Hello fellow beer geeks!
I’ve just moved to a new apartment, and so haven’t had much time to post a new review yet. And since my beer budget is a bit tight now (and my bacon & beer fund isn’t quite full yet), I’ve had to go into the realm of beer notes I took but never got around to writing up. Or started writing up but never finished. I am a horrible procrastinator. Or rather, I’ve been busy drinking beer and not writing about it.
Here is one such beer that didn’t deserve to be waiting in the wings for so long. Hopefully, with this wonderful and sincere review, the beer gods can forgive me.
If you’ve been reading this blog regularly (I’m looking at YOU, everybody who I had to remind to check my blog), then you know I’ve reviewed two Stone Vertical Epics previously, the 11.11.11 and the 10.10.10. I have a 12.12.12 waiting for me to drink and review (honest), but until then, let’s focus on our current Vertical Epic: the 08.08.08.
Spotting this beer was lucky, really, seeing as there were only 5 of them on the shelf and the store was probably emptying its stock. So huzzah for me, I get to try another year! And the best part was on the label, stating that this beer would be ideally aged by December 2012. Since I bought and drank this at the end of December, it was perfect. It was like providence, or more likely the beer gods guiding me in the right direction at the right time. In any case, this 8.6% beer was delicious.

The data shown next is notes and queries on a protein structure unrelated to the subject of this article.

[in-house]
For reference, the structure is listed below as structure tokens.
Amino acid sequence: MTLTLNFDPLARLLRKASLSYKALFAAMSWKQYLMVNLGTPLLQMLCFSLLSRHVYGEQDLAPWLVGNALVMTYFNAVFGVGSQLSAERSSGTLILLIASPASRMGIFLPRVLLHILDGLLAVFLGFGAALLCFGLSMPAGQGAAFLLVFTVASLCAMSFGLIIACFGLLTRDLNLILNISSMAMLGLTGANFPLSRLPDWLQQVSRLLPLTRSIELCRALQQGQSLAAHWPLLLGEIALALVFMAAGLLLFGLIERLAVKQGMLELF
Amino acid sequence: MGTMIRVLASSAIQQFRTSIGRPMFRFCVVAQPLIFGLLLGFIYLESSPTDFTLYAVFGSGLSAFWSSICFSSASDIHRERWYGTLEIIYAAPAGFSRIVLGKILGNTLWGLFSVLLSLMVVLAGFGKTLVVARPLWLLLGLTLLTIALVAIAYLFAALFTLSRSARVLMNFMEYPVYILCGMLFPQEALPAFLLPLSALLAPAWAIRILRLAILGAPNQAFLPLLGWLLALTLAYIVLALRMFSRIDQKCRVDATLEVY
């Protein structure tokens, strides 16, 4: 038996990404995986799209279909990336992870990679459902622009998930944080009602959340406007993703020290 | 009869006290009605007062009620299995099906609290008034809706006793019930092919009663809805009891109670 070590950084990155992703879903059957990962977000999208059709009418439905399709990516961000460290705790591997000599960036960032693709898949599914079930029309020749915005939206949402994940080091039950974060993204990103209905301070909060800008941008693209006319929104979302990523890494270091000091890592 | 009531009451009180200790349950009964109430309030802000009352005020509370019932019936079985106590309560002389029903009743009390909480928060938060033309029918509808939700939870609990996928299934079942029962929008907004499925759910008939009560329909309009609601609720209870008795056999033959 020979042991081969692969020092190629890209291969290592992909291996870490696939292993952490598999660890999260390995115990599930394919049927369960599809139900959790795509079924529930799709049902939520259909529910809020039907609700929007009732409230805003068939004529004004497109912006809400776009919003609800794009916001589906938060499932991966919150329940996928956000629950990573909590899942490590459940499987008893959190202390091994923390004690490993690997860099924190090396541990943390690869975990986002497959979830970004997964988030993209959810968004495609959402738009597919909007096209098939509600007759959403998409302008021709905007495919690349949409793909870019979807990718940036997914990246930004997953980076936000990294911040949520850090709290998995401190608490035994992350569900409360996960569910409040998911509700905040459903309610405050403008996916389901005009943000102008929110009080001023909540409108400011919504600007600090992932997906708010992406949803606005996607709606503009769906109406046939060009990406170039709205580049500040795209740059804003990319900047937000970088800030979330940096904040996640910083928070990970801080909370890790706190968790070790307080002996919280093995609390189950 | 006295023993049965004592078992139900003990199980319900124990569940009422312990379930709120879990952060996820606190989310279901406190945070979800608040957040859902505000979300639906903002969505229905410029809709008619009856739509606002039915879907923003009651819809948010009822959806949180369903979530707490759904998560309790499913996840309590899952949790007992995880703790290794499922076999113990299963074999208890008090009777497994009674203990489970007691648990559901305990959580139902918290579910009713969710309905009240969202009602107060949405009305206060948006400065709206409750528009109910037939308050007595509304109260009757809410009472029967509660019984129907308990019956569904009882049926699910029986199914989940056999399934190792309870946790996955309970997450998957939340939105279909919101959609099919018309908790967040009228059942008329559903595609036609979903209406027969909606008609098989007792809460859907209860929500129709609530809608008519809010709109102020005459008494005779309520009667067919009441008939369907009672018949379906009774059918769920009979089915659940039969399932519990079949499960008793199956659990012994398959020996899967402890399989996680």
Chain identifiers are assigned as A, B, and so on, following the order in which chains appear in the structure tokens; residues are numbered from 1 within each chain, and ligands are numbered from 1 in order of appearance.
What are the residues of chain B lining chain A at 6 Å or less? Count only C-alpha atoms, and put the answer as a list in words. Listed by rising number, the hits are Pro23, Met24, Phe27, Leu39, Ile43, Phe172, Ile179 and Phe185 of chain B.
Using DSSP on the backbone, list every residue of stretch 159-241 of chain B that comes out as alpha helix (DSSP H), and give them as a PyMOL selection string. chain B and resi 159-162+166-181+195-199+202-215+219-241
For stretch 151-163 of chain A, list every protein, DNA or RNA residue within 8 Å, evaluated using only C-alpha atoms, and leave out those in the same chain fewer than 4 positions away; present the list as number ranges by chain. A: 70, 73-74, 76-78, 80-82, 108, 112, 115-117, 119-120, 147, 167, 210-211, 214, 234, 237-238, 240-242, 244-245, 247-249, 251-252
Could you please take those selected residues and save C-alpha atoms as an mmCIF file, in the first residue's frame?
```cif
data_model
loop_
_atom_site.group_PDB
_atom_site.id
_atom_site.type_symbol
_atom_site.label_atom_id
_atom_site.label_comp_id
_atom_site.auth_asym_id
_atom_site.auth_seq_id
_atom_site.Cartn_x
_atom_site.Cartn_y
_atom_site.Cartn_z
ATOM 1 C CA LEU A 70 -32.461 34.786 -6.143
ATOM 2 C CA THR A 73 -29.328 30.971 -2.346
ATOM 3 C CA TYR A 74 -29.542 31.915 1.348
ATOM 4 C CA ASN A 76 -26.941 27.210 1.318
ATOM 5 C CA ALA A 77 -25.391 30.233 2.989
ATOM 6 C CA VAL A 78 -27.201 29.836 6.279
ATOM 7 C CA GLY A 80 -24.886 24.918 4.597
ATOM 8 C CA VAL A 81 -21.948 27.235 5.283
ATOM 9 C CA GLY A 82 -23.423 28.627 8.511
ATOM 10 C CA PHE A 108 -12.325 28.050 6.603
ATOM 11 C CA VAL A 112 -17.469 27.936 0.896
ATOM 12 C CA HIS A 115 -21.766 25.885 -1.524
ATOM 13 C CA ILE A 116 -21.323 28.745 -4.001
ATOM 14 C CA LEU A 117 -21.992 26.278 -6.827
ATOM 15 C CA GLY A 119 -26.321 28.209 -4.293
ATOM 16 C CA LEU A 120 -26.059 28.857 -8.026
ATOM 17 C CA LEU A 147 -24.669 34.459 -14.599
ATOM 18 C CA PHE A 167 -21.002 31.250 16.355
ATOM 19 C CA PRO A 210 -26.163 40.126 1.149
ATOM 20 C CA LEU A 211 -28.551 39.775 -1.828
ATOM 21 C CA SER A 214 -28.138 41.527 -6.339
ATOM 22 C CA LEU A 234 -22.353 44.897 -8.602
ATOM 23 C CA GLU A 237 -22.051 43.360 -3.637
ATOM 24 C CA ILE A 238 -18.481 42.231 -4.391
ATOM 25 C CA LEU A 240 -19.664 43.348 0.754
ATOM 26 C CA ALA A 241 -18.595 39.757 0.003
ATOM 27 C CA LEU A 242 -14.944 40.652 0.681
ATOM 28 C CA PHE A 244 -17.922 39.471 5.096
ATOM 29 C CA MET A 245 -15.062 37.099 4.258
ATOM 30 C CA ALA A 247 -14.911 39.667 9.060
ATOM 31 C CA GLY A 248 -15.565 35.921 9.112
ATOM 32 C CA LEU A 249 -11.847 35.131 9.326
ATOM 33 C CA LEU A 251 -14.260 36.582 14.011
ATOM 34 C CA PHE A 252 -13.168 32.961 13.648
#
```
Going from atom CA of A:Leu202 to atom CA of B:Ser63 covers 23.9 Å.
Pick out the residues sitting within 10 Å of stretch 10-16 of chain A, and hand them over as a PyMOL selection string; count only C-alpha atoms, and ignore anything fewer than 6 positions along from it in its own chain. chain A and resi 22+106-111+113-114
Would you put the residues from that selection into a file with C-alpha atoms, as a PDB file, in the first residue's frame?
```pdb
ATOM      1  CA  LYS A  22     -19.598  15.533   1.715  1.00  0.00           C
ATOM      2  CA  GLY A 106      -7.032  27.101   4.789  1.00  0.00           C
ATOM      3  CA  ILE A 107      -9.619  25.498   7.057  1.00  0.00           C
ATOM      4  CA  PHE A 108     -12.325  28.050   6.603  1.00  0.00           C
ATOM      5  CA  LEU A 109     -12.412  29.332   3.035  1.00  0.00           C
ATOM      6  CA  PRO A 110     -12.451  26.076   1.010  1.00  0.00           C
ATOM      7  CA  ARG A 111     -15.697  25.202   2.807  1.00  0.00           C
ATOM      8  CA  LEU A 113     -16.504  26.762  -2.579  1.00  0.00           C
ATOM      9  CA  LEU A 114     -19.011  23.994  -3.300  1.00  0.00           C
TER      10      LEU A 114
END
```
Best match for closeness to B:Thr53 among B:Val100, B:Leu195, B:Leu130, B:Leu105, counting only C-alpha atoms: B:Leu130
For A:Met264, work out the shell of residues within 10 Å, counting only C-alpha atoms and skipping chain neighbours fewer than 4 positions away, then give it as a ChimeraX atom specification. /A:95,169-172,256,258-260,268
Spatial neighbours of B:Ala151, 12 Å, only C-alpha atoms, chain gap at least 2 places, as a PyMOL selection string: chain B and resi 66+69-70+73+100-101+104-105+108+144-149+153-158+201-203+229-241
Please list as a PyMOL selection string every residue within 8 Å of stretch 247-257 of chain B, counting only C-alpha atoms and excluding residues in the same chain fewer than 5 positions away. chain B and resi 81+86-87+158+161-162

Appearance: A pale, yellow/golden color with a white creamy head. It’s a little hazy toward the top of the glass, although that might have been from the cold. There’s a good amount of carbonation, but the head disappears fairly quickly.
Aroma: A fruity/yeasty smell, much like a saison or farmhouse ale. It doesn’t have a powerful aroma, but it does smell very nice. Possibly has a hint of spice to it.
First Sip: A surprising but nice hoppy presence, making this beer similar to a Belgian pale ale. There’s a nice fruity flavor with the hop bitterness. I don’t know what this tasted like fresh, but it appears that aging has made this taste awesome. There’s a yeasty and spice flavor in there as well that hits the back of the throat. To be honest, I was quite surprised that a hoppy beer had aged so well, but that’s probably because it’s more Belgian than an IPA.
Mouthfeel: For a lighter colored beer, it’s quite full bodied. Seems a little creamy, but it has some carbonation that gives it a crispness. It’s possible that aging it has mellowed it out a little.
Aftertaste: A spicy, hop flavor mostly, with a tiny bit of fruitiness. The taste is pervasive and it sticks around.